Some services suspended after heavy metals found in VA clinic water

Some services suspended after heavy metals found in VA clinic water

It's been more than six weeks and water issues at Wilmington's VA clinic have still not been resolved. Until they're fixed, some veterans have found they can't get certain treatments.

Jeff Melvin, the VA's Public Affairs Officer, says services within the GI, Urology and Dental departments have been suspended, while primary care, mental health and women's health services along with audiology, pharmacy, laboratory, homeless services and others are still available.

In the meantime, Melvin says veterans have either had their appointments moved to a later date or were referred to non-VA care facilities or to the VA clinic located in Fayetteville.

The issue first came up in March when CFPUA officials were called in to test the water. At the time it was discolored with a turquoise tint. Testing showed dissolved copper in the water along with other heavy metals that exceed state regulations.

It was discovered that the issue wasn't coming from the water flowing into the building, but rather an internal problem within the building's plumbing.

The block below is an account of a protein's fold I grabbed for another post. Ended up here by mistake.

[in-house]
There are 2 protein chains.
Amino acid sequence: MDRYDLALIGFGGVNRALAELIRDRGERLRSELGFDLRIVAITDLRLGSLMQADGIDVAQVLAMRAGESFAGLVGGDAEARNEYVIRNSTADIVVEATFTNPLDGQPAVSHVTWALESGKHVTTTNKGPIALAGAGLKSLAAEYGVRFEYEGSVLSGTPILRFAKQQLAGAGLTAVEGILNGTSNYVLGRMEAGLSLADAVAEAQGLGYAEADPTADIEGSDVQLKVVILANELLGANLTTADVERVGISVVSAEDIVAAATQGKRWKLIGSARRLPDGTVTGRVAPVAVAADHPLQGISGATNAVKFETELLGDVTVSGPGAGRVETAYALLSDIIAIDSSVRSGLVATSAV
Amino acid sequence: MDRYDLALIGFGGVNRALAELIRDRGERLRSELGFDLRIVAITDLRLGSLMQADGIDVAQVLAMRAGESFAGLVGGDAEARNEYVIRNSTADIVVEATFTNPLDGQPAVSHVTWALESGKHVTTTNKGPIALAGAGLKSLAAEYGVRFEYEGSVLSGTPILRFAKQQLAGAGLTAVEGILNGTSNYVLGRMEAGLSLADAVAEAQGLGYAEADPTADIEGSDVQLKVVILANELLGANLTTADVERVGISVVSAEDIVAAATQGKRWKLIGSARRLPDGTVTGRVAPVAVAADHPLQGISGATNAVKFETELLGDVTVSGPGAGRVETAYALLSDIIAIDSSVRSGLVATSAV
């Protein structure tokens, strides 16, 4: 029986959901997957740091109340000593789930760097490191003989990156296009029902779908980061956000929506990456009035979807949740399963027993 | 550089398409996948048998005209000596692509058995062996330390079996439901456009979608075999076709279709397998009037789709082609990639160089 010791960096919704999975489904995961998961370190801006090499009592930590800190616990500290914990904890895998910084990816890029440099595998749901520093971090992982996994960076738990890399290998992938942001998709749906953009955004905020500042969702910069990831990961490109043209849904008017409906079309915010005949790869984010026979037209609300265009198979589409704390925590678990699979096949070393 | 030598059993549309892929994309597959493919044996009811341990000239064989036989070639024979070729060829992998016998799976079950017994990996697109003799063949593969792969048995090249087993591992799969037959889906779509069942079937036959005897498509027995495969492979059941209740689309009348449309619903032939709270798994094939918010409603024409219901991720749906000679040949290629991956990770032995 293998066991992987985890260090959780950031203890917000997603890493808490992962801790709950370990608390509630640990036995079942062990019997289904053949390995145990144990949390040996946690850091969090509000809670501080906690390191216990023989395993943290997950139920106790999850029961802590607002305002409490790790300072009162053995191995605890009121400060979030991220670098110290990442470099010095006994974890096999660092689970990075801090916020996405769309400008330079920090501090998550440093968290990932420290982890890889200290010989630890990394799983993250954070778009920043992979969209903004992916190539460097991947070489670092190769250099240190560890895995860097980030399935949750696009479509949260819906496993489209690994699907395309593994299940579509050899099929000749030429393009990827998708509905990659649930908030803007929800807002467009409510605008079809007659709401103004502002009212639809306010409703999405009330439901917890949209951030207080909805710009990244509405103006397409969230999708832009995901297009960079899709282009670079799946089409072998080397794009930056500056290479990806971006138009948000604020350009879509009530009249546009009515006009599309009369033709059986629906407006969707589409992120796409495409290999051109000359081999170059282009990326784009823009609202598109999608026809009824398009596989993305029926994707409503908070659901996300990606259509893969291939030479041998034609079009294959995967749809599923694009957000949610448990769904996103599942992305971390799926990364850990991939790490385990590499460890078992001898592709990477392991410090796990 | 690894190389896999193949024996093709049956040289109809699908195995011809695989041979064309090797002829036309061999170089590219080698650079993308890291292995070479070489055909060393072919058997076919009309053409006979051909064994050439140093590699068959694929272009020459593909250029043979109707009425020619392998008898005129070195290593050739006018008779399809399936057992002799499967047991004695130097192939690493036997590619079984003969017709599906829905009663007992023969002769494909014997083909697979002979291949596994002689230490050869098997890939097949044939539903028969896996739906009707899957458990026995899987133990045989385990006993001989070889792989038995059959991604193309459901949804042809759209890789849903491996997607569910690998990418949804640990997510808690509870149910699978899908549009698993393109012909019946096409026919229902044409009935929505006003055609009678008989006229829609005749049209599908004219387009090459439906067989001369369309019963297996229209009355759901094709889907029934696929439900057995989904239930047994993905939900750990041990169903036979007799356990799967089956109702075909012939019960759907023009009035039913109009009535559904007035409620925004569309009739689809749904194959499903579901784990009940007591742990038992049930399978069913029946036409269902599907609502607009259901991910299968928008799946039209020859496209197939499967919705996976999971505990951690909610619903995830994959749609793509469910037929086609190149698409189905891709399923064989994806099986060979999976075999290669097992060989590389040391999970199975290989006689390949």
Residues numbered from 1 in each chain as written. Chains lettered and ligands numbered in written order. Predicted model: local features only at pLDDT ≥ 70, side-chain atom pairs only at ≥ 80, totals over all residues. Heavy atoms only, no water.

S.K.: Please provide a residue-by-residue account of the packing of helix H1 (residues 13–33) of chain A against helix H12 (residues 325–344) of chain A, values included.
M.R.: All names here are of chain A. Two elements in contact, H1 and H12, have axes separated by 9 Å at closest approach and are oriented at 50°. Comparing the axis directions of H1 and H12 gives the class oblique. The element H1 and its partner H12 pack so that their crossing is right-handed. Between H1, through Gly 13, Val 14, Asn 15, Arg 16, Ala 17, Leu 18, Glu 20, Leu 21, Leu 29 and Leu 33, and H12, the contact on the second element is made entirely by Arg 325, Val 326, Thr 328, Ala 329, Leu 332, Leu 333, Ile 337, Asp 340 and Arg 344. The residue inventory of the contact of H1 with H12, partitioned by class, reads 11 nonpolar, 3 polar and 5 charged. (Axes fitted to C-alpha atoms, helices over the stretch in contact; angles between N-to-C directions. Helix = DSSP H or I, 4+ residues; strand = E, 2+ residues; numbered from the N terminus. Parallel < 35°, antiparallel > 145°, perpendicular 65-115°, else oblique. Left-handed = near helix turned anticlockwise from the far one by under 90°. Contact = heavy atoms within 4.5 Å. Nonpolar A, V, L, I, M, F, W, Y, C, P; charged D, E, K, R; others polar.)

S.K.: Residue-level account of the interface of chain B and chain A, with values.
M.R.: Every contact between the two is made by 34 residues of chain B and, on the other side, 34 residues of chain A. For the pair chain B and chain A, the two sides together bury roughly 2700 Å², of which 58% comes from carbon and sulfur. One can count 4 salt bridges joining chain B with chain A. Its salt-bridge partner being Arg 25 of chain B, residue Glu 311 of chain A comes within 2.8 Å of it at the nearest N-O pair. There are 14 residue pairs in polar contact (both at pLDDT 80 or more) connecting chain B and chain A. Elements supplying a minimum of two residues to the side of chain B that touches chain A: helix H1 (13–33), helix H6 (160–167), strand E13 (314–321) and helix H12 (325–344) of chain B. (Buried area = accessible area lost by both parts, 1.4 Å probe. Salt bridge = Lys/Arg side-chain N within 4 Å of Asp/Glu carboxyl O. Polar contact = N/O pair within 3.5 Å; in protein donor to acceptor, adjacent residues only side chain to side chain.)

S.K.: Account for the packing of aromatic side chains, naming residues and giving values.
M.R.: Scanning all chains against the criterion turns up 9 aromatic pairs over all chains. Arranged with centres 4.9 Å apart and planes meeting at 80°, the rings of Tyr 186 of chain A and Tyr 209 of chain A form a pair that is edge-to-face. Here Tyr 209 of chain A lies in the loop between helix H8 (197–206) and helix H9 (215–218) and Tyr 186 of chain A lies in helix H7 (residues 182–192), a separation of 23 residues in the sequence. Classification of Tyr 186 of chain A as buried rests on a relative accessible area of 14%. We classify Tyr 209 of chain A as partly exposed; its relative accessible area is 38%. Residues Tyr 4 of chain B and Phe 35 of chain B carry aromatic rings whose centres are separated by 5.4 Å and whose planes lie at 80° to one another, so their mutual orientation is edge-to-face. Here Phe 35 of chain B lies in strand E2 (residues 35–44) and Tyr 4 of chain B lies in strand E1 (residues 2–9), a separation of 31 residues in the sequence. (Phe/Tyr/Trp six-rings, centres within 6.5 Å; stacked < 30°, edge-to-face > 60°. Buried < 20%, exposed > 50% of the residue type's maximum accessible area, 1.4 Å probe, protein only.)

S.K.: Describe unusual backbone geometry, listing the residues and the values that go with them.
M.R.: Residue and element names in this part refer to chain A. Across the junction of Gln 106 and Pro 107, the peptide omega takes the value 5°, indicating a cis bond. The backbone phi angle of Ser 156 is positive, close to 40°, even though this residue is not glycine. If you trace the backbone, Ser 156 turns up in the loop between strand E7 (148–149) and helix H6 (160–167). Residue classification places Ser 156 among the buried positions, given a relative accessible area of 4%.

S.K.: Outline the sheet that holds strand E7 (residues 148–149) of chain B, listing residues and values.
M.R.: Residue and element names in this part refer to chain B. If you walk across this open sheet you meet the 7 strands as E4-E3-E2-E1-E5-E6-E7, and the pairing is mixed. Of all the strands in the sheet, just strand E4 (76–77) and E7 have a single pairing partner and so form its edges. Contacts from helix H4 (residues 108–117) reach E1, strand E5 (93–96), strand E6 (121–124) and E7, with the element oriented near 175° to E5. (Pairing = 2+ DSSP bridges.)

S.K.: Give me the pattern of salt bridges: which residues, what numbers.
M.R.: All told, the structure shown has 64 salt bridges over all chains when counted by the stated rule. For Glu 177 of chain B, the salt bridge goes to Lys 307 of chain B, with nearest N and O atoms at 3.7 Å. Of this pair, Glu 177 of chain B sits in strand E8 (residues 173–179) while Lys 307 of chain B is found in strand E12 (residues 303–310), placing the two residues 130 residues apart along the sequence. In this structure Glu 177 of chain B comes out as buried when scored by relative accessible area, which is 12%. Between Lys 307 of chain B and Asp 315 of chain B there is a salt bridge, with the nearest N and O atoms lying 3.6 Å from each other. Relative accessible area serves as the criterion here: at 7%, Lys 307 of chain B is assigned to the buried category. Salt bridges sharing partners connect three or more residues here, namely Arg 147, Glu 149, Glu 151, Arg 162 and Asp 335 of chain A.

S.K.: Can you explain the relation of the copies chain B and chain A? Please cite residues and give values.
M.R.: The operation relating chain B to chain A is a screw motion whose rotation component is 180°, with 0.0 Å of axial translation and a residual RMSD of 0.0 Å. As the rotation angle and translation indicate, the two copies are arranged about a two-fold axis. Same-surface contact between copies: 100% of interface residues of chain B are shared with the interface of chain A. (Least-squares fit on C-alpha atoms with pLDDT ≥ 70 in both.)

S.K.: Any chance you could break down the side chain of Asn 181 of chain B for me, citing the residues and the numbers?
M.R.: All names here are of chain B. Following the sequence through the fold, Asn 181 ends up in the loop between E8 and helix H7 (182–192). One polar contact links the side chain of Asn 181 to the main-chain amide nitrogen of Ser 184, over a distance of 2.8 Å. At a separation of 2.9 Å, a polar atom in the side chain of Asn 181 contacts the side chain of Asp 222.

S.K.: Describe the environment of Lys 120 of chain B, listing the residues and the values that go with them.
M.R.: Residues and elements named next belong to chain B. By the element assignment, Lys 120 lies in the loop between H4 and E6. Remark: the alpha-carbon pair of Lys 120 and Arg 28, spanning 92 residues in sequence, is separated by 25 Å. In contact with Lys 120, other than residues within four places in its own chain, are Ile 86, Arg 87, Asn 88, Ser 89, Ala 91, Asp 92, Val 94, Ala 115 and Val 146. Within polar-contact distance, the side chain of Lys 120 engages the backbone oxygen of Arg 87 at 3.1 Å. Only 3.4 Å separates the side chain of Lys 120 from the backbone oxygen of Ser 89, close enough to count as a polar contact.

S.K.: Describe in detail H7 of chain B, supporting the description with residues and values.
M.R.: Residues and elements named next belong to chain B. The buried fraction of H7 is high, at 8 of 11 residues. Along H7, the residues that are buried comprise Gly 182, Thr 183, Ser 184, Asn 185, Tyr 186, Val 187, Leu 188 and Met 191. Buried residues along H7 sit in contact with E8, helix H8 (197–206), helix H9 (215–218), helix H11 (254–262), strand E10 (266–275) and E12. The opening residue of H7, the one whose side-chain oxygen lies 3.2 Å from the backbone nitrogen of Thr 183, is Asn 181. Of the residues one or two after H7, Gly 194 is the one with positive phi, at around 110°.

From there, CFPUA, following the guidance of DENR, issued a "Do Not Use Notice" to the facility and made the repairs the responsibility of the VA or the property owner.

Melvin said they hope the issue can be resolved soon, but at this point it is out of their control. They believe the property owner, Summit Smith Healthcare Services out of Wisconsin, should be responsible for fixing the issue. We've reached out to the company but have not heard back at this time.

Until the testing samples come back showing safe levels, CFPUA says they will not lift the "Do Not Use Notice." CFPUA also said that there are backflow protections in place to prevent the contaminated water from affecting CFPUA's water supply.

Melvin says the VA is asking for patience as officials take every precaution to ensure the safety of staff, patients and visitors of the clinic.

In the meantime, they have bottled water on hand and are testing some staff identified as being at high risk for exposure. So far though, no elevated levels have been detected in any tested staff members, according to a press release.

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